Let’s Not Forget Commuting’s Carbon Footprint

This op ed ran in the Palo Alto Daily Post on December 8, 2021 (I’ll add a link to the paper’s version if and when the publisher posts a link to it). It was prompted by comments made by Gina Papan, who serves on the Millbrae City Council, about how “sustainability” argues against increasing residential housing density. While there are negative sustainability aspects to increasing housing density, there are also significant — and often overlooked — ways in which increased density supports sustainability and helps mitigate climate change.


The national community seems to – finally! – be coming around to the notion we really need to act aggressively on climate change. That doesn’t mean everyone’s on board. Getting individuals to accept changes needed to preserve the health and well-being of the community of which they are a part is always hard. Significant political change comes only after grudging acceptance of necessity.

But it’s not just the opponents of addressing climate change who are less than all-in. That’s because people are rarely consistent in their beliefs and priorities.

Take the issue of housing. Specifically, the lack of housing an average person or family can afford near the Peninsula’s major employment centers. It preserves the single-family home environment most of us sought to get by moving here. And it makes all of us early-arrival homeowners fabulously wealthy, at least on paper, as scarce supply and high demand drive up home prices to astounding levels. But it exacts a heavy price on everyone who commutes to and from work.

It also has a significant adverse climate footprint. Based on EPA and census data the average Bay Area commuter injects 3.5 tons of CO2 into the atmosphere annually.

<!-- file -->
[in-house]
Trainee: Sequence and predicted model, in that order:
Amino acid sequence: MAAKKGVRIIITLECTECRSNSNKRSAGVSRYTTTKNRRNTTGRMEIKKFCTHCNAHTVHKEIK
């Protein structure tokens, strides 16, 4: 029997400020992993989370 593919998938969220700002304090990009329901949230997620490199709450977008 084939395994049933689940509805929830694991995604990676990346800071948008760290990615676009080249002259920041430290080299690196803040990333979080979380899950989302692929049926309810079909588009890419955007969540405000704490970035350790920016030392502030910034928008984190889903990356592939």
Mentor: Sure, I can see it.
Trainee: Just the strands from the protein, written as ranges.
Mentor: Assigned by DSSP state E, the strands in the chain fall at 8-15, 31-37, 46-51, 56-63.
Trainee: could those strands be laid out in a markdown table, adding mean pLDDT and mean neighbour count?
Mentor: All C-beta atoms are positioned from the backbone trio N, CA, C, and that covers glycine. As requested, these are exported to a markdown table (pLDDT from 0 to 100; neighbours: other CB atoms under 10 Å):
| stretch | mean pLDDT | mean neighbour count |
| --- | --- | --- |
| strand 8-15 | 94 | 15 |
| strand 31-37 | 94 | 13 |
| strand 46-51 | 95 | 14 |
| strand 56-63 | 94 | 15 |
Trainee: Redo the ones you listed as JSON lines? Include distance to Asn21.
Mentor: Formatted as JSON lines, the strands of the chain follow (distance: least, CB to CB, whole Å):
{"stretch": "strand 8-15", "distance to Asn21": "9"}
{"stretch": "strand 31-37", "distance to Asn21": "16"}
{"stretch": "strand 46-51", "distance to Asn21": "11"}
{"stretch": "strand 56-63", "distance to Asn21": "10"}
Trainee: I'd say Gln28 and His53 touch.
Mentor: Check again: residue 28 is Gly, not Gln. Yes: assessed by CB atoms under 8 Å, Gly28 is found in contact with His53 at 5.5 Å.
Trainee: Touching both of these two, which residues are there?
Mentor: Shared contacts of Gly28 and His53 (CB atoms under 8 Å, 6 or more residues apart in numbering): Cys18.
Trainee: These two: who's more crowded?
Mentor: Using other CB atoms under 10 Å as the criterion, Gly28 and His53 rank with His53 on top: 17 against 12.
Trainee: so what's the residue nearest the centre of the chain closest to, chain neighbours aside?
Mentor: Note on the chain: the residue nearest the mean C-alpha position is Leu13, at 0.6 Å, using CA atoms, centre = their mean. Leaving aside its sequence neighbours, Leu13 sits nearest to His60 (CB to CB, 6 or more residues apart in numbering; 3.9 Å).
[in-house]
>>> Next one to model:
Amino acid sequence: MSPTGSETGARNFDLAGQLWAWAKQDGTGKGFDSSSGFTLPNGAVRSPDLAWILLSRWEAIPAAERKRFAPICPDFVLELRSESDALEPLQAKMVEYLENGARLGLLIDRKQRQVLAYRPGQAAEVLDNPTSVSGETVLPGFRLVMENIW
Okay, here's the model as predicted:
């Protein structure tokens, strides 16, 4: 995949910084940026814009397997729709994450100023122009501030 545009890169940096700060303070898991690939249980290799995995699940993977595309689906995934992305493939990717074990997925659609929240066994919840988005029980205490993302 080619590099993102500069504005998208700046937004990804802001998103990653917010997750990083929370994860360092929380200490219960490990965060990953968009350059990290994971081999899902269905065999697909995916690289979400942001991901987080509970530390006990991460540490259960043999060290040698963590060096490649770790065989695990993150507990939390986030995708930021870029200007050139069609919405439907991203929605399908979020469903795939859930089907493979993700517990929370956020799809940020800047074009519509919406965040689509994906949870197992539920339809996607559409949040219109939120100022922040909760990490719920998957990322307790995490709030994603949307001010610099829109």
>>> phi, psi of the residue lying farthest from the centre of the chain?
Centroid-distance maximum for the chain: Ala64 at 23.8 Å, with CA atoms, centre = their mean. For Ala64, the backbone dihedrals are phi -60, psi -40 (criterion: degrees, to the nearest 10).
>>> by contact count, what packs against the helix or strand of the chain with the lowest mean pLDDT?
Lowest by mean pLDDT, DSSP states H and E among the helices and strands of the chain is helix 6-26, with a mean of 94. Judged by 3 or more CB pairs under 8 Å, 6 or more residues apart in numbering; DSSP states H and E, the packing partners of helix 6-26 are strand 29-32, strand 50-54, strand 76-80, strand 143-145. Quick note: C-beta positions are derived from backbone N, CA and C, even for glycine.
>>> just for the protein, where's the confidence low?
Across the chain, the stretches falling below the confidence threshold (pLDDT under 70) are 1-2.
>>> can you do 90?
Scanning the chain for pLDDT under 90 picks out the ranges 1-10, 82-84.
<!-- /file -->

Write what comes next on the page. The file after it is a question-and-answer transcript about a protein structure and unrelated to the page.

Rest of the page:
Yet few of those seeking to mitigate climate change ever talk about the climate benefit of more local housing. The typical reaction is “yes, it’s important; but it’d be really hard to make the change.” Which is a classic sign you’re asking someone to give up something they want to protect.

This doesn’t imply a lack of sincerity about those activists’ commitment to addressing climate change. But once you’ve made adjustments to minimize your carbon footprint in other ways it’s easier to urge your neighbors to do what you’ve already done than it is to make further adjustments. Particularly if those new adjustments start impacting other aspects of how you enjoy life.

I’m not chastising anyone for having internally inconsistent political beliefs. Jefferson and FDR both drove their staffs crazy because they were adept at managing inconsistency. Yet it was a big part of why they were so successful. Jefferson, the classic “little government” President didn’t bat an eye at spending a fortune on the Louisiana Purchase. Emerson famously observed “a foolish consistency is the hobgoblin of little minds, adored by little statesmen and philosophers and divines.” Life is too complex for complete consistency.

But I do hope those of us pushing to combat climate change will broaden our focus to also include moving people and jobs closer to each other. Either by pushing jobs out – even though that would likely harm the local economy, reduce local tax revenues and deflate home prices – or by building more housing closer to where the jobs already are.

Because striking a better balance would improve the lives of enormous numbers of people. It would also make it possible for young people who grow up here to have a chance at living here without having to be the next tech or biotech millionaire.

And it would have a tremendous beneficial impact on our shared climate to boot.

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